With many employees choosing to work from home, many companies are permanently switching to a remote working model. Therefore, to cut down on expenses, companies are also considering shutting down their offices for the most part.
In this article, we will be talking about companies that have chosen to make that massive shift. However, before doing so, let’s talk about some of the many pros and cons of working from home to understand why companies are making the switch.
The Pros of WFH
Allows employees to choose wherever they want to live (usually a place with a lower cost of living)
Cuts down on commute time and cost (Remote employees save an average of 40 minutes daily from commuting)
Increases overall productivity (77 percent of people working from home report higher productivity)
The Cons of WFH
Some employees may not have enough space in their homes to create a proper working station that will allow them to focus
Can cause loneliness and affect employees’ mental wellness
Creating a clear separation between work and personal life can be a challenge (Homeworkers are 52 percent less likely to take time off work)
Many companies, specifically in the United States, are adopting a fully remote working model. However, many companies are still choosing not to entirely remove their office spaces and keep them for large-scale meetings and employees who really need an official space to work.
The following are some examples:
In a blog post, Quora CEO Adam D’Angelo said, “I was genuinely surprised to see how productive we were while remote. I was especially surprised to see that the majority of our employees preferred remote work, despite having taken a job that required presence in an office.”
When considering whether to go fully remote or not, D’Angelo thoroughly considered several factors - (1) commute, (2) ability to focus, (3) the housing crisis in the Bay Area, and (4) the visa and immigration situation in the United States.
The company, however, will still keep its office and convert it to a co-working space. D’Angelo himself will not work in the office and will visit the office no more than once a month. The company’s leadership teams won’t be located in the office either.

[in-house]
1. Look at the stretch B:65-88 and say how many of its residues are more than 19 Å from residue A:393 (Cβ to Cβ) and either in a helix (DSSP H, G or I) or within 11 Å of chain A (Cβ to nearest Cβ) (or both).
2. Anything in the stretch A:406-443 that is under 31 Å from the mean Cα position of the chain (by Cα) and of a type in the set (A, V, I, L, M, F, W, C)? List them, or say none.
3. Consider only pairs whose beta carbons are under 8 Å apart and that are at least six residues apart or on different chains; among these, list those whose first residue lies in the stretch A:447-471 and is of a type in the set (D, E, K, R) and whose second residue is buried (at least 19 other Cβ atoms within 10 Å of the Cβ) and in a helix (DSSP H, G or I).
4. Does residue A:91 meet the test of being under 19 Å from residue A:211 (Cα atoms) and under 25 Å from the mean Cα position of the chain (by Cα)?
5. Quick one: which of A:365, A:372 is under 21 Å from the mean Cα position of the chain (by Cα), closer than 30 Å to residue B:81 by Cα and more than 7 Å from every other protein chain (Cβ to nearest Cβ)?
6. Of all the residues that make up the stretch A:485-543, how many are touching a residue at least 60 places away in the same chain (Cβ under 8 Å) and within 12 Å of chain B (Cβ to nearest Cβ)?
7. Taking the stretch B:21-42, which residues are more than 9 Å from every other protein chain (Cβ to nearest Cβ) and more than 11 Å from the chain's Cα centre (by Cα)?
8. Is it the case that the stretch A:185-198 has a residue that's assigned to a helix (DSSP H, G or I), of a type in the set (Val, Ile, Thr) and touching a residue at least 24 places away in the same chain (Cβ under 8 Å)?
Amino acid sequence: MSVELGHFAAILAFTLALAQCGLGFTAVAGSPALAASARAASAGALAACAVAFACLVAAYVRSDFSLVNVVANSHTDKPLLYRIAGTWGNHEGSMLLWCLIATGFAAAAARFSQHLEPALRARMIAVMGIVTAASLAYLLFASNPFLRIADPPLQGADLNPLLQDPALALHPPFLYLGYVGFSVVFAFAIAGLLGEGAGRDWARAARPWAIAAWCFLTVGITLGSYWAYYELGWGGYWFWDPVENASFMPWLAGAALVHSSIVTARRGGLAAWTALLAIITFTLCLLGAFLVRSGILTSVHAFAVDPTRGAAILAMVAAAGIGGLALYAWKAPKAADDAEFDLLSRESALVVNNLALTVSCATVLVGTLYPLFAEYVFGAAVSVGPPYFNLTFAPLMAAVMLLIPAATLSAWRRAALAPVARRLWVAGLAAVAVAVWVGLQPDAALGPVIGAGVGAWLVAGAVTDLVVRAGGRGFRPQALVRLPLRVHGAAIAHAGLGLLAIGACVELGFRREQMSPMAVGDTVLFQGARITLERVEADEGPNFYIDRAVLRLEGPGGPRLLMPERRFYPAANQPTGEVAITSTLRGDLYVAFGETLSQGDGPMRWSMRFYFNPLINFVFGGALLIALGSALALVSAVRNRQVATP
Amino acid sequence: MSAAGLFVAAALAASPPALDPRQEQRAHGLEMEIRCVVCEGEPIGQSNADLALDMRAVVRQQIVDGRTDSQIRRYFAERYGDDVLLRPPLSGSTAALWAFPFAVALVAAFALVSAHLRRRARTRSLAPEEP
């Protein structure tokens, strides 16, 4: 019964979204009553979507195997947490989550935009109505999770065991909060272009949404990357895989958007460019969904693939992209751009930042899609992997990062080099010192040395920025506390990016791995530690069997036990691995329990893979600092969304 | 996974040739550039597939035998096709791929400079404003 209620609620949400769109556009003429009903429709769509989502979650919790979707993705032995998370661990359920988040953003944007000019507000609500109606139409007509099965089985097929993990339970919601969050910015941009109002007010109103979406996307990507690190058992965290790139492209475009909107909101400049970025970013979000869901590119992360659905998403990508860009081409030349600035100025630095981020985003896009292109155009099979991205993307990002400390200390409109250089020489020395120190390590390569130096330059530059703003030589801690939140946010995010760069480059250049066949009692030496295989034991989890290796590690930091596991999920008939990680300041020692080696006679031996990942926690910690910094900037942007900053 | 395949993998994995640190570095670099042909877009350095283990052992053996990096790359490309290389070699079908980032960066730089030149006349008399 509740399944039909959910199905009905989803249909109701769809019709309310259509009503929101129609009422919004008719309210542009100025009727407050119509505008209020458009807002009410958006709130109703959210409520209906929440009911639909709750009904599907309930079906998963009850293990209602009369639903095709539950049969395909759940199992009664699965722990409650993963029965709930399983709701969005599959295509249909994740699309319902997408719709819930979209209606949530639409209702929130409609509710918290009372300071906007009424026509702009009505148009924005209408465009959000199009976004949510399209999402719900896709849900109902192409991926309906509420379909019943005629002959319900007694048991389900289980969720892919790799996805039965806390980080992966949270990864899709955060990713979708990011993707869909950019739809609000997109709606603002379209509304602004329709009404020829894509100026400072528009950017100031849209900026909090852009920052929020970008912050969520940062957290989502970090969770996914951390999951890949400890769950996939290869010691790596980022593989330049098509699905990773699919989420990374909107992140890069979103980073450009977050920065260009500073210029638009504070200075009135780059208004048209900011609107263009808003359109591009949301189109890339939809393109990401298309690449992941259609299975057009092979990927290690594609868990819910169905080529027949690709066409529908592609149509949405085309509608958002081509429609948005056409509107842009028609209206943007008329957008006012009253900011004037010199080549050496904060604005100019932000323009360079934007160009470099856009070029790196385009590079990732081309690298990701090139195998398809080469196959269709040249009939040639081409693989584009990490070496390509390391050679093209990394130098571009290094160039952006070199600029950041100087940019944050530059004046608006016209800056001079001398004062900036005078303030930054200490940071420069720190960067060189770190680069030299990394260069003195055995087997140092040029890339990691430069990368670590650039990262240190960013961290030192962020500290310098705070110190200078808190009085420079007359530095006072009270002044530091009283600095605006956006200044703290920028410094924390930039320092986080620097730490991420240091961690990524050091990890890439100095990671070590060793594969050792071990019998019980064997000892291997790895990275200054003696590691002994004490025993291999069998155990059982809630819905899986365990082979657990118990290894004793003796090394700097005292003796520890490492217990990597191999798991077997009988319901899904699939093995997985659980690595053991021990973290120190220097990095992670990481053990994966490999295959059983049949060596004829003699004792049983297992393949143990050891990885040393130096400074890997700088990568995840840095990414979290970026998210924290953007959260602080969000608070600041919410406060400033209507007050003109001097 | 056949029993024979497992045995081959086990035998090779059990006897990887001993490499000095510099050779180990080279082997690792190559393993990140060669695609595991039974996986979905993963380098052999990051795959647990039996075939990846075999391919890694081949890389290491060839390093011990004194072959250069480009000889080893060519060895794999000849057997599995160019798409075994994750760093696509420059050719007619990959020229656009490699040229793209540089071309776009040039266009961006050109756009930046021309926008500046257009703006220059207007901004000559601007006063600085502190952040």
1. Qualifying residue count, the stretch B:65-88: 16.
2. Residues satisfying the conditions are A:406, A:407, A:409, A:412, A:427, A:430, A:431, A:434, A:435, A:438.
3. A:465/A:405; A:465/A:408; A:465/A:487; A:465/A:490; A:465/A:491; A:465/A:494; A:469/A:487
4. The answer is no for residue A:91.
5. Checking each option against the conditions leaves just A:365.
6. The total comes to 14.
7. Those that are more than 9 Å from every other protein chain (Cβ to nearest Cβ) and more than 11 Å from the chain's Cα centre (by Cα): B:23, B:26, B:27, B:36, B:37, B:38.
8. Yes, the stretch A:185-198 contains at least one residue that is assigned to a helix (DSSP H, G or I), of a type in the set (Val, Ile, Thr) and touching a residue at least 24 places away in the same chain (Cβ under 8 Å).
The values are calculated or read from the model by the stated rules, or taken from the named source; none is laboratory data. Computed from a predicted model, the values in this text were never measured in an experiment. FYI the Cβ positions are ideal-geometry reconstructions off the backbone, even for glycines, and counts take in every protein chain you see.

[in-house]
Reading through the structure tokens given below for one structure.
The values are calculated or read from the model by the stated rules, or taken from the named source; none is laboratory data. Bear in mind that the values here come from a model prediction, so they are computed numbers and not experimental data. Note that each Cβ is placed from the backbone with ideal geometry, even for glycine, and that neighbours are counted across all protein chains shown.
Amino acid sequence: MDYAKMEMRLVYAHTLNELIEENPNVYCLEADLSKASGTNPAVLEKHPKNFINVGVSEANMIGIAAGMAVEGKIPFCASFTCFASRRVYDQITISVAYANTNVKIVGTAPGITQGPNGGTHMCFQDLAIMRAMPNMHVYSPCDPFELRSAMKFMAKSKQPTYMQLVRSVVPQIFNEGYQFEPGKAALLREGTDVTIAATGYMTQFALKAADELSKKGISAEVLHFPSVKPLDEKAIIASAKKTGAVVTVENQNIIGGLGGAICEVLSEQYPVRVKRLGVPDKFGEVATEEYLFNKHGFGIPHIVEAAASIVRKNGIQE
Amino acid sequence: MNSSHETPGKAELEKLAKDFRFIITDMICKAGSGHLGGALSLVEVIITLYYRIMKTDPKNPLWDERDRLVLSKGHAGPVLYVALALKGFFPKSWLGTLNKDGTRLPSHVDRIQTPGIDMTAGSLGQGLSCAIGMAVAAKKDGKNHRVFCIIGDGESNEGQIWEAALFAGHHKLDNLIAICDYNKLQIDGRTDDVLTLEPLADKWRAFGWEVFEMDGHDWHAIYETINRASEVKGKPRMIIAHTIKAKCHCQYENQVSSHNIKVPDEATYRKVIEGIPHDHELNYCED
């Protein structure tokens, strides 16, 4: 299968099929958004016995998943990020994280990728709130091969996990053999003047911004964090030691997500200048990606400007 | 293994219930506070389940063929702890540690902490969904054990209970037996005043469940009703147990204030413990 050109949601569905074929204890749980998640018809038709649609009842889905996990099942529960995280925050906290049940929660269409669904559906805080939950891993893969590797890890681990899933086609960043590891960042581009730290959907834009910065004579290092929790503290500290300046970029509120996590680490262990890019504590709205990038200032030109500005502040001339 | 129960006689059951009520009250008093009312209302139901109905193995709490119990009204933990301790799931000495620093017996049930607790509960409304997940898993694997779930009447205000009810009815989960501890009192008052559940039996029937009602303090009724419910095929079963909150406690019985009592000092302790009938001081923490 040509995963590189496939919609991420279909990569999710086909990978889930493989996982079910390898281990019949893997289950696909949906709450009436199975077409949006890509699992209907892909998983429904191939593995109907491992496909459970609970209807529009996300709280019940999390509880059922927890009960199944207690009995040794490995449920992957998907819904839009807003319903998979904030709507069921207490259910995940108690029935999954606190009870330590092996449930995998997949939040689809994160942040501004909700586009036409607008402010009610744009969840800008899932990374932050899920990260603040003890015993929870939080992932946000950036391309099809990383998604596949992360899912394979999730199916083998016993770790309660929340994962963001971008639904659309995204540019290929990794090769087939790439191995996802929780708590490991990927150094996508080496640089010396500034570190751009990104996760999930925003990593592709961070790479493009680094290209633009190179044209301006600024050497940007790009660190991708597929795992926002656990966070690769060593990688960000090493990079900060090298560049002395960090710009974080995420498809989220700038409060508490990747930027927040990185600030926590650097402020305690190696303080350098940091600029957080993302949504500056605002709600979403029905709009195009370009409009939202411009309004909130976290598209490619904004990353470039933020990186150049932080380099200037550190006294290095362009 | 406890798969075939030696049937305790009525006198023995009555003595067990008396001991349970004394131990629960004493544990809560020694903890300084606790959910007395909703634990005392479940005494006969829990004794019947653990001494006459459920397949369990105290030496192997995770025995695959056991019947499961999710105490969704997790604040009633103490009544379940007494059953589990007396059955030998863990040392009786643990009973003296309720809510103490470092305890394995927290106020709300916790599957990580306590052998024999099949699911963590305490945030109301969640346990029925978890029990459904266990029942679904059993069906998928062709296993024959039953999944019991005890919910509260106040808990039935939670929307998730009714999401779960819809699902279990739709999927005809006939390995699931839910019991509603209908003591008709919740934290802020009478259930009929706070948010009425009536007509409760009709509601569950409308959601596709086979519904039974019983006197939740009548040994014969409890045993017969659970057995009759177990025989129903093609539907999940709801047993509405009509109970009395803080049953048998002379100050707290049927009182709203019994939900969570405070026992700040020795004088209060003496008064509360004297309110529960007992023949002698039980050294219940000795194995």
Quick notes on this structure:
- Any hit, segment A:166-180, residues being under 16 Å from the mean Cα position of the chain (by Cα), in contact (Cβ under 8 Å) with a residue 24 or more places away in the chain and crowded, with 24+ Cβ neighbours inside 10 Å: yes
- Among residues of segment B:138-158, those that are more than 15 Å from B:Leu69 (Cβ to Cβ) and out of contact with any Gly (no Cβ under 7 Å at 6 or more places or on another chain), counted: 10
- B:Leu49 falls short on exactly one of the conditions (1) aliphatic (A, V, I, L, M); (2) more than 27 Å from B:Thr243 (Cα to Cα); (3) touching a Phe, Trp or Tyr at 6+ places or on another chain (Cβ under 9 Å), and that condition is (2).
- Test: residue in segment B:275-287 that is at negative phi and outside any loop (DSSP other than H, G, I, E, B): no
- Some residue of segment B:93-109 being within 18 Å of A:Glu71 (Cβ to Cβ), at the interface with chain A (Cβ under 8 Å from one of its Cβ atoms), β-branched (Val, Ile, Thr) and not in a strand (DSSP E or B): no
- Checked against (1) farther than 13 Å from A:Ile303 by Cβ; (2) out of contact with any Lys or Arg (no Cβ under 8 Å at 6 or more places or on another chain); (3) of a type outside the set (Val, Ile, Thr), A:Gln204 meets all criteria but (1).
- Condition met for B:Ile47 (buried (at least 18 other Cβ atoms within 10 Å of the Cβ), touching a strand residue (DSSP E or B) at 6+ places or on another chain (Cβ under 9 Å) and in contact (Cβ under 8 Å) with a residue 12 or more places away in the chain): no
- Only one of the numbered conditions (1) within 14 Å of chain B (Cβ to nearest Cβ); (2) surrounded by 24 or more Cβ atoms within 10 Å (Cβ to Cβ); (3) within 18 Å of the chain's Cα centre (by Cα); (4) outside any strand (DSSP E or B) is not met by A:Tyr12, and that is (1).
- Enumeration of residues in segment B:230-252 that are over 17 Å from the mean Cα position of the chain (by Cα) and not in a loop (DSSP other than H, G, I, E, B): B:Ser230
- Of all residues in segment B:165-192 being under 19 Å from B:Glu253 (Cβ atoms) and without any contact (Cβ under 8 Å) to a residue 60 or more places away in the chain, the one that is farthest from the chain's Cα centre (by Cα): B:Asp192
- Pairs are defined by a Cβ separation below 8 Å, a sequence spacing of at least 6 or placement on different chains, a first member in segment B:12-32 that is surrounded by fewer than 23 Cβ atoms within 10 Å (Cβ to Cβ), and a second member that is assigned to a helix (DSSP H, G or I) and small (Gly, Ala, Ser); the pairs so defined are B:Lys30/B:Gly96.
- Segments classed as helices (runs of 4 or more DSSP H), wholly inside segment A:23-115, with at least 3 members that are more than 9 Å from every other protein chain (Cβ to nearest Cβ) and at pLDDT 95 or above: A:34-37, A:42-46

In October 2020, just a few months after the pandemic hit, Dropbox decided to go fully remote after an internal survey indicated that 90% of its employees were more productive when working from home.
Similar to Quora, Dropbox will not shut down its office and will convert it into a co-working space called Dropbox Studio. Drew Houston, CEO of the company, emphasized that the co-working space should only be used when completing collaborative tasks and not “solo work.”
The company understands that with this change, many employees will choose to relocate and be in different time zones. Therefore, they are allowing each worker to decide their own work hours.
Drift, a sales and marketing software company, has decided to go fully remote despite being hesitant to do so in the beginning.
According to CEO David Cancel, “We were very strict about [in-person work culture]. No one worked remotely. Everyone was in the office five days a week. All our rituals were in person, like our meetings, our kickoffs, our events... a very face-time-centric culture.”
It took a while for Cancel and members of his team to adjust to the work-from-home model. However, over time, he saw that remote work has benefitted his employees in many ways - allowing them to make major life changes that they weren’t able to before, moving to lower-cost areas, being closer to family, and such.
After reading this article, I’m sure you can tell the appeal of a fully remote working model. Many are predicting that more companies in the coming months will choose to adopt a hybrid, if not a fully remote working model.